Page  00000003 4 The Networks A central principle of the project was to connect all the electronic instruments / systems of the orchestra members together in a network. It was originally intended to use the fast Ethernet network for all of communication between the orchestra members, including audio, video and performance data (see The Video-Organ, elsewhere in these proceedings). This challenge was severely enhanced by the multi-platform nature of the network, and in practice this proved to be a hurdle that could only be overcome pragmatically by creating some added layers in the network. Several experiments and developments took place however to write multi-platform audio server software, further discussed in Nicola Bernardini's section in the report. the gesturality of one performer and the software or material of another; some constructed, some serendipitous. By this process, "higher" levels of structuring gesture fell to the most temporally abstract activity. Orchestra members shaped, processed and scheduled sounds "outside time" but during the performance, to provide the formal pillars of the work, generated and then performed these sounds in their own context - real time composition in the truest sense. These were the only sounds to be distributed uniformly throughout the space; the single layer of common "meaning", when all other activity focused on reinterpretation and state change, on the use of performance as material. Visual signals could in future be incorporated as a dynamic score using the network to communicate and shape the overall performance (composition) in real time. 5 Communication Within the Orchestra 6 Experience and Invention in the Lab The placement of artists and their working environments in the physical space was conditioned by issues similar to those described in the previous sections. As the internal structure and dynamics of the orchestra evolved, it became clear which groups should work at the same spatial location, how the performance as a whole could be structured by the physical distance between others, and where a degree of visual or acoustic separation was necessary. Instrumental gesture is a vital element of communication between musicians during performance, and players become very adept at recognising the gestural "language" of other instruments. The wide range of physical control represented within the orchestra reflects the temporal relationships of different artists with their material: * the immediacy of acoustic instruments * computer-extended instruments projecting events forward in time * gestural control of real-time processing of sound and image material (present or stored) * real-time synthesis with some degree of performance control * computer composition and reproduction (not in real time; but this concept refers to the time-base of the operation, which may in fact be faster than real time) It was felt that a vital level of communication required addressing, dealing with a broader range of activity than is the case in conventional performance. Not only issues of synchronisation, balancing and shaping, but also structuring activity; compositional gestures, in effect - suggestions, instructions and indications which cannot be read from a representation of performance parameters. In the new technological context, musicians can aspire to perform compositionally - to structure, recall and project forwards in time. "Universal" solutions did not present themselves as being appropriate to these contextual and critical purposes. Rather, relationships, affordances and fits emerged between The sharing of performance data became a central topic of discussion and experiment. Common access to performance information and its intentional "communication" are clearly related situations, yet in some ways they demand to be treated quite differently. Both depend on some degree of agreement or openness to re-interpretation. Both construct an informational mapping which may produce some sort of phase transition in the transformation of the system in question - the information cannot "mean" the same when placed in another context. Paradoxically, the most precise informational representation of activity affords the highest level of abstraction or re-use, for example, the continuous output of a physical sensing device on an extended instrument. More general instructions or indications of intention rely to a greater extent on an agreed contextual significance; their internal dynamics are less likely to be of interest or reveal emergent structures. A universalist approach suggested making available to all artists of the orchestra every parameter of each individual system which is represented numerically, expressed as MIDI data. In an extreme and simplistic case, this would enable the construction of virtual avatars for each performer, or hybrid characters. Experiments showed that the computational burden, replicated in each system, made such a scenario unworkable. Agreement emerged that a better solution would be for a server to transparently collect performance data from each system, and forward particular streams "on demand", the request triggered by whatever mechanism is appropriate to the requesting system. This would enable an artist to select a specific aspect of another musician's performance and to incorporate it into their own, as material or as an external controlling parameter. A pragmatic solution was found in a software object developed for Max. OSC, Open Sound Control, (Wright and Freed 1997) was intended as a means for sharing packets of performance data across a network. A specific channel of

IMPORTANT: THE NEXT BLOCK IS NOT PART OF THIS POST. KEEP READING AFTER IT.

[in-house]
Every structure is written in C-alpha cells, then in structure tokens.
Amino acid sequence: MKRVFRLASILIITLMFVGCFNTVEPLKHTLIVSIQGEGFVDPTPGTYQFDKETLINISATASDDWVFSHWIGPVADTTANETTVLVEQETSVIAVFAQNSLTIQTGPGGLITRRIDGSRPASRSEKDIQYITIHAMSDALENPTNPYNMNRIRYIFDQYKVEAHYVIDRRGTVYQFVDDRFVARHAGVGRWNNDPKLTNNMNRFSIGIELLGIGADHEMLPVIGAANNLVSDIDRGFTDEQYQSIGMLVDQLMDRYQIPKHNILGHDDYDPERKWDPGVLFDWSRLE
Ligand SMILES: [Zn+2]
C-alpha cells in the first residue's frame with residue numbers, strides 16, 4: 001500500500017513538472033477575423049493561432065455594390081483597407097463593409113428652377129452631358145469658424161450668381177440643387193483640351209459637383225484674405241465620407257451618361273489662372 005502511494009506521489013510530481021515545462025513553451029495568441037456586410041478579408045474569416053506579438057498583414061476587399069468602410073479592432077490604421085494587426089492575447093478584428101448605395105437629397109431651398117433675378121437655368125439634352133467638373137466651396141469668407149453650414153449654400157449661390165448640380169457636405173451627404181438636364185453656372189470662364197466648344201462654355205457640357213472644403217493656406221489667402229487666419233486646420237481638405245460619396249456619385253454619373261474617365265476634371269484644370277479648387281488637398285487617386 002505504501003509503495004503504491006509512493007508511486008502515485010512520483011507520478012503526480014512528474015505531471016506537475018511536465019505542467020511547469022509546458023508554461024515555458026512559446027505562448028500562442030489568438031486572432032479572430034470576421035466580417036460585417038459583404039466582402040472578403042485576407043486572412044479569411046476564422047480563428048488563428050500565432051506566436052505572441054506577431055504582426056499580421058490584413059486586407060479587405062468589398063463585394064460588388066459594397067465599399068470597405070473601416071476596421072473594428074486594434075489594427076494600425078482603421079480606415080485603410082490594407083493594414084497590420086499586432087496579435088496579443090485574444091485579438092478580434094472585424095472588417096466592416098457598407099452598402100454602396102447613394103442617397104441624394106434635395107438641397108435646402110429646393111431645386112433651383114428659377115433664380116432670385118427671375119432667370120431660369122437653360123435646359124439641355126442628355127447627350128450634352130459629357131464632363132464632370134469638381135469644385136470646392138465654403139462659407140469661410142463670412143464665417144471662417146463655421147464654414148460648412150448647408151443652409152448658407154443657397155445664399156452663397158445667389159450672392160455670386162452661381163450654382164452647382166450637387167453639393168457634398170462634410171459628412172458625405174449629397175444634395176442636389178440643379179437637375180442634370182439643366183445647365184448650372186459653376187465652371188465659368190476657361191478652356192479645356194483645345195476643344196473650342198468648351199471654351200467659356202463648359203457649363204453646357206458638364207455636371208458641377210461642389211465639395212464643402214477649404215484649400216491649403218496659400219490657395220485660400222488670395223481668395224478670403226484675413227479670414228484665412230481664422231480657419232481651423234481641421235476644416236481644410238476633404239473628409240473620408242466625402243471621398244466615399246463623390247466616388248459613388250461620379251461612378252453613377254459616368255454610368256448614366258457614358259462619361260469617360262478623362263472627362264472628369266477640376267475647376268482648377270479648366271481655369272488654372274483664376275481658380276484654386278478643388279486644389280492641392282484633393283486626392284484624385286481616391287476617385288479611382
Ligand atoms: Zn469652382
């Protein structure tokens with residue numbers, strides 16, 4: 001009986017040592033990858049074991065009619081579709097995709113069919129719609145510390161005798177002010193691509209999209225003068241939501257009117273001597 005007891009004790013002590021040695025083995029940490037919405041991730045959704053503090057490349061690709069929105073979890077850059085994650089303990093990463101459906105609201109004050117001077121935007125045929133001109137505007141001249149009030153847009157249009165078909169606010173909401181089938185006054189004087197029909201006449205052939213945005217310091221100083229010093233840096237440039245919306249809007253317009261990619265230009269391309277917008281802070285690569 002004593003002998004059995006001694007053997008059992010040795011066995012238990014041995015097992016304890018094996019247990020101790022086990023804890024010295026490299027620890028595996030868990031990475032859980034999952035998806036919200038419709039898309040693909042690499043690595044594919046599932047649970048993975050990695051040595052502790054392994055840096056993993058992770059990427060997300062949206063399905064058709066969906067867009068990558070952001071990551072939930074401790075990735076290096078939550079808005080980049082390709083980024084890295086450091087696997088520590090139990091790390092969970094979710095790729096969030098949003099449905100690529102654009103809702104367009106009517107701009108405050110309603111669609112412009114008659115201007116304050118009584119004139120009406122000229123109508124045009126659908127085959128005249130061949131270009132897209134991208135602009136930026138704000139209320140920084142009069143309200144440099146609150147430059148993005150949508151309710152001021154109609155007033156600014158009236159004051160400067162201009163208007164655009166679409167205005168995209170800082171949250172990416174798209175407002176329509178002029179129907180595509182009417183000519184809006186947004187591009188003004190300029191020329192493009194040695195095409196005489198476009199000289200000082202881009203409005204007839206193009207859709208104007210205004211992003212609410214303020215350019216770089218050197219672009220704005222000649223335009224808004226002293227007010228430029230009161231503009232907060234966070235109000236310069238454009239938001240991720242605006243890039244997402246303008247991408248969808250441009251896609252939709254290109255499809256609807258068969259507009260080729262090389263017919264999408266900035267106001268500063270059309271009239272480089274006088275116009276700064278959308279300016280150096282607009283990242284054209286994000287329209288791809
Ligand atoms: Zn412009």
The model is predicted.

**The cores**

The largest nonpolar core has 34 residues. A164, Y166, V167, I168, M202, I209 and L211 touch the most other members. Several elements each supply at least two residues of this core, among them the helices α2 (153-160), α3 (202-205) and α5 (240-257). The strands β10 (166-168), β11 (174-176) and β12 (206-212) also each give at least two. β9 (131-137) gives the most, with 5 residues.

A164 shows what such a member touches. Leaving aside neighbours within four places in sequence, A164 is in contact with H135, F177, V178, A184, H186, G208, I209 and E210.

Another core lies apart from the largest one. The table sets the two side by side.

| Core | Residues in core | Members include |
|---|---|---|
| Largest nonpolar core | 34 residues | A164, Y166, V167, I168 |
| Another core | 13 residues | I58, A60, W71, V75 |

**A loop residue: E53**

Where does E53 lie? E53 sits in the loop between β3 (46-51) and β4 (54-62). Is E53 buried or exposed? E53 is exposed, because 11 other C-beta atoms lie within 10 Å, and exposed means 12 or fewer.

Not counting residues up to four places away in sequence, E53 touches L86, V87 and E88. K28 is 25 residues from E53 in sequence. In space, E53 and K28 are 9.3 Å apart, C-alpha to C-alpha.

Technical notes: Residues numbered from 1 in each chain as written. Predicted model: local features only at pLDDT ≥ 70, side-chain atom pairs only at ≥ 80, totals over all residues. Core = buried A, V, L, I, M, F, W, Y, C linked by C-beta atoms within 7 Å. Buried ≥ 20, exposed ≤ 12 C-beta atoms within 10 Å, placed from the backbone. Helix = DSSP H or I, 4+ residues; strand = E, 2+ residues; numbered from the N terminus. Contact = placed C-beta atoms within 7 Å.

Page  00000004 communication is established, through which packets of MIDI messages can be sent. In the present context, this mechanism raised two issues: how to implement this so that the shared data represents events as they occur, rather than accumulating lists of past events; and how to open such a channel as a receiver, rather than a sender. The first was addressed by the effective but inefficient means of sending each message as soon as it takes place. The use of this protocol thus becomes an active gesture on the part of the sender, not the transparent layer that would be ideal. As OSC insists on its reception, the opening of channels requires a degree of negotiation and co-ordination. Shigeto Wada developed an elegant common tool in the shape of a pair of stand-alone Max patches. They allow the user to select destinations and sources from a menu by name, without having to deal with the mechanics of networking. There remains a level of inter-dependence, in that the loss of transmission in either direction can cause instability. The common technologies, programs and protocols belie hard-wrought and finely-characterised differences between individual approaches which, as working environments, not theoretical or public constructs, are often not explicitly defined. To design them into a network on the basis of apparent commonalities would therefore do violence to such personal processes. The dynamic, situated construction of a common environment which encourages and facilitates the emergence of relationships seems more fruitful. 7 Lessons The combination of a "laboratory" environment with regular performances was felt to have been very conducive to productive work. The networking of ideas and approaches was as important as that of performance data and material, but required more complex structuring; an implicit property of the design of many "interactive" systems seems to be that they do not afford interaction with those of other artists. A further result of this environment was the networking of musical empowerment. Musicians who had considered themselves primarily performers had been taking compositional decisions and structuring works. Composers found themselves practicing their craft in real-time, in performance, and modifying their actions in interaction with other musicians. Members from a technical background were fundamentally involved in the design of specific aesthetic activities and their inter-relating. For some members, this was the first involvement in live performance. All therefore felt that the scope of their own creative activity had been substantially broadened. We refer here to the participants section in the project report for further details and opinions. It is clear that the chosen structure, of bringing together a heterogeneous group of artists in a master-apprentice like situation rather than in a naturally more fixed institutional situation was successful. The concept of an 'orchestra' proved to work as a model to facilitate collaboration between people with different backgrounds, approaches, disciplines and media. We are encouraged to continue with this model with a more diverse group, including disciplines such as theatre, architecture and design. From a technical point of view, the chance to experiment with a large group of networked computer-based artists was unique and invaluable. Such a network is a rare circumstance, usually heavily time-constrained, requiring a great deal of co-ordination, and often being far from robust. The network becomes an important instrument, now in its first phase of development, with enormous potential for further development. We aim to incorporate a wider diversity of cultures and disciplines, brought together by the common grounds of performance and the use of electronic media. By constantly changing the appearance of the organism that the project is, rather than its essence, it is hoped that development will rapidly evolve towards solutions. 8 Further Work A concert of the orchestra took place in Amsterdam at Felix Meritis in February 2001, and several smaller "metaensembles" are active at the moment. Throughout the project a presence on the web was created and maintained in order to describe the project and announce performances. The web site will remain active as a hub for exchanging information and communication, between instantiations of the orchestra in the real world. 9 Acknowledgments This part of the project was made possible by a grant of the European Commission CONNECT 1999 programme. It was further supported and administrated by the Dartington International Summer School (Gavin Henderson, director, and Lisa Warren, administrator). The Institute of Sonology at the Royal Conservatory hosted a session and supplied a substantial part of the equipment. The IJsbreker co-organised the presentation and concert in Amsterdam. References Bongers, A. J. 2000. "Physical Interaction in the Electronic Arts: Interaction Theory and Interfacing Techniques for Real-Time Performance". In: M. Wanderley and M. Battier (eds.)Trends in Gestural Control of Music, IRCAM Bongers, A. J. and J. F. Impett. 2001. "Hypermusic and the Sigthing of Sound". Project report for the EC, 91 pages Harris, Y. C. and A. J. Bongers. 2001. "The Video-Organ". Proceedings of the International Computer Music Conference. Havana, Cuba. ICMA Wright, M., and A. Freed. 1997. "OpenSound Control: A New Protocol for Communicating with Sound Synthesizers," pp. 101-104, Proceedings of the International Computer Music Conference Thessaloniki, Hellas. ICMA.